Graffiti
PDF | TXT | HTML

Office of Community Oriented Policing Services (COPS), June 2009. This problem-oriented guide for police addresses effective responses to the problem of graffiti – the wide range of markings, etchings, and paintings that deface public or private property. In recent decades, graffiti has become an extensive problem, spreading from the largest cities to other locales. This guide provides law enforcement with a series of questions to consider when analyzing their local graffiti problem and reviews responses to the problem based on evaluative research and police practice.

National Study of Delinquency Prevention in Schools, Final Report
PDF

National Institute of Justice (NIJ), July 2000. This study was undertaken to develop a comprehensive account of the levels of problem behavior in United States schools and of what schools do to prevent problem behavior and promote a safe and orderly environment. (NCJ 194129)

National Study of Delinquency Prevention in Schools, Summary Report
PDF

National Institute of Justice (NIJ), November 2000. A summary report of the study undertaken to develop a comprehensive account of the levels of problem behavior in United States Schools and of what schools do to prevent such behavior and promote a safe, orderly environment. (NCJ 194116)

Risk and Protective Factors of Child Delinquency
PDF

Office of Juvenile Justice and Delinquency Prevention (OJJDP), April 2003. This Bulletin, part of OJJDP’s Child Delinquency series, focuses on four types of risk and protective factors: individual, family, peer, and school and community. The focus on risk factors that appear at a young age is the key to preventing child delinquency and its escalation into chronic criminality. (NCJ 193409)

Toward Safe and Orderly Schools--The National Study of Delinquency Prevention in Schools
PDF

National Institute of Justice (NIJ), November 2004. Schools are expected to provide a safe environment and to play an active role in socializing children for their participation in society. In 2000, a federally funded study was conducted to examine delinquency prevention in schools. The study surveyed principals, teachers, program implementers, and students on what the schools were actively doing, through programs, to prevent problem behavior and promote a safe and order environment. The study found that even though nearly all United States public schools were using a variety of delinquency prevention programs and disciplinary practices, most schools were using prevention practices that were either unproven or known to be ineffective. The effective implementation of prevention programs was also limited. The study examined various prevention activities utilized and the percentage of schools using them, as well as successful and unsuccessful program implementations. Ideas and suggestions were presented for the successful implementation of prevention programs which included: focusing on schools with the greatest need, starting within the school, improving training and supervision, involving school staff, the community, and experts, and using more promising practices.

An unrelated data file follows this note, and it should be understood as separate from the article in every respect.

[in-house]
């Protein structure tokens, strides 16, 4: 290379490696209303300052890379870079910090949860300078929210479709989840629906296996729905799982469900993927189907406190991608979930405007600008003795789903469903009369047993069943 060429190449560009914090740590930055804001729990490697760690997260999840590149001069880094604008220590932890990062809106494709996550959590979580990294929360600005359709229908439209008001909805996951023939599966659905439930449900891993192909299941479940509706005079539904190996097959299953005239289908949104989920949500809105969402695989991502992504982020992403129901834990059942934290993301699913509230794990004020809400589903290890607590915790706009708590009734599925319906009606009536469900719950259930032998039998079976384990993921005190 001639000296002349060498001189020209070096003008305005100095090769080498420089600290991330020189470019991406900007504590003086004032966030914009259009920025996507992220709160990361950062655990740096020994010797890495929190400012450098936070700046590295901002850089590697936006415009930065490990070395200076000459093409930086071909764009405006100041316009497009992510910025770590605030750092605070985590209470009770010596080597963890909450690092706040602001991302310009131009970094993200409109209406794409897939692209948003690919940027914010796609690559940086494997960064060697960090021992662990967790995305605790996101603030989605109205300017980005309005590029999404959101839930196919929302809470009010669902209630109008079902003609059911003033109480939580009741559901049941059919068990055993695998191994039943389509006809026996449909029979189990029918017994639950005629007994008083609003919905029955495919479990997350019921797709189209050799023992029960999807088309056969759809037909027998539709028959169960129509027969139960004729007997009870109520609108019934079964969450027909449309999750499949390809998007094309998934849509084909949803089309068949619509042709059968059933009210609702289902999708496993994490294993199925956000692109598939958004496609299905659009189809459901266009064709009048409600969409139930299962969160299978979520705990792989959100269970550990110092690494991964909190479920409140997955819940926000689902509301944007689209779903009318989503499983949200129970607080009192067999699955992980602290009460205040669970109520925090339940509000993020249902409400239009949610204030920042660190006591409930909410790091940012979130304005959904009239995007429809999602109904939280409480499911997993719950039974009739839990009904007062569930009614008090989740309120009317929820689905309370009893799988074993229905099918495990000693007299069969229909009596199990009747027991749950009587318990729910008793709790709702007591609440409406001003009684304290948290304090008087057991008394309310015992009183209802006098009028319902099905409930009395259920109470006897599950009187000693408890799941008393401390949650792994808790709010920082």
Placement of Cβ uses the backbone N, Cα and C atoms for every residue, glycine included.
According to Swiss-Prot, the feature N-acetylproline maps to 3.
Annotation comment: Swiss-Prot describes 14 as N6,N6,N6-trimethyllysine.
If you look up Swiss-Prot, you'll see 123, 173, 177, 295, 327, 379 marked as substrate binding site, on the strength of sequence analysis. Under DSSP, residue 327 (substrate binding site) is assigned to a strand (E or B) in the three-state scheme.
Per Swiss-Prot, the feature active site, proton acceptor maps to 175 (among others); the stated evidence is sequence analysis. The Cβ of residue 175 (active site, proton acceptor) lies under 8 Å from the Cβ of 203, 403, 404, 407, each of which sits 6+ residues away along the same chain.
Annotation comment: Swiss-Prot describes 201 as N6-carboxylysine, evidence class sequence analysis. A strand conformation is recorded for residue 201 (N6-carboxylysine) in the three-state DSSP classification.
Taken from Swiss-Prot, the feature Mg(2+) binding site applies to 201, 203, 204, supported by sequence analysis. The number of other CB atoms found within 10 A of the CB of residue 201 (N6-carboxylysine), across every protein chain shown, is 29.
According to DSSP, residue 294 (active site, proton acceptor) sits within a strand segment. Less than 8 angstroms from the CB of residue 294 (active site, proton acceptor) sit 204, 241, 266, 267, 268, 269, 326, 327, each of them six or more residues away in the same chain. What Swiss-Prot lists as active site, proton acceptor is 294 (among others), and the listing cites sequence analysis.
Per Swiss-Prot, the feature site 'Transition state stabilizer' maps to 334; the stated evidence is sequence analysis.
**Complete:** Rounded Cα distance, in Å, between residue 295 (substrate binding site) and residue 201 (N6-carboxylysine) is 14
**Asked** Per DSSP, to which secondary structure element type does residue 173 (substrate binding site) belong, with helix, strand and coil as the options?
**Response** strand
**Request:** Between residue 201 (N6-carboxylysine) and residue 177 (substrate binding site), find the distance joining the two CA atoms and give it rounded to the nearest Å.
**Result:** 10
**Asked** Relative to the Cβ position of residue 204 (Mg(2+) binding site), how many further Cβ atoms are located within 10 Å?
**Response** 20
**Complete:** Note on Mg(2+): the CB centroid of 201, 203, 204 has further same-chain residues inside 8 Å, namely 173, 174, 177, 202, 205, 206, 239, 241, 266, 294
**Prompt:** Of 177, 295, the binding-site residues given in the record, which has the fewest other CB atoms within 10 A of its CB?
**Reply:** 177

Truancy Reduction: Keeping Students in School
PDF

Office of Juvenile Justice and Delinquency Prevention (OJJDP), September 2001. The report describes the correlations of family, school, economic, and student factors with truancy; notes truancy’s role as a predictor of delinquency, including juvenile daytime crime; and examines the social and financial impacts of truancy. It also discusses two projects funded by the Office of Juvenile Justice and Delinquency Prevention (OJJDP). These are Abolish Chronic Truancy (ACT) Now operated by the Pima County (AZ) Attorney’s Office and the Truancy Reduction Demonstration Program, a partnership with the Executive office for Weed and Seed and the Safe and Drug-Free Schools Program. These programs build on the strengths and resources of local communities to target truancy from a carrot and stick perspective to provide both the incentive to attend school and meaningful consequences for chronic nonattendance. Evaluations of these programs suggest that challenges in conducting truancy reduction projects include gaining consensus regarding a uniform definition of truancy and a standardized approach to addressing it; gaining cooperation from diverse community players; and implementing effective, data-driven methods for tracking truancy and program impacts. The analysis concludes that truancy is an early warning sign for future problems and requires attention.

Underage Drinking
PDF | TXT | HTML

Office of Community Oriented Policing Services (COPS), August 2006. Underage drinkers experience a wide range of alcohol-related health, social, criminal justice, and academic problems. This guide identifies a series of questions that might assist law enforcement in analyzing their local problem. It also reviews responses to the problem and what is known about these from evaluative research and police practice.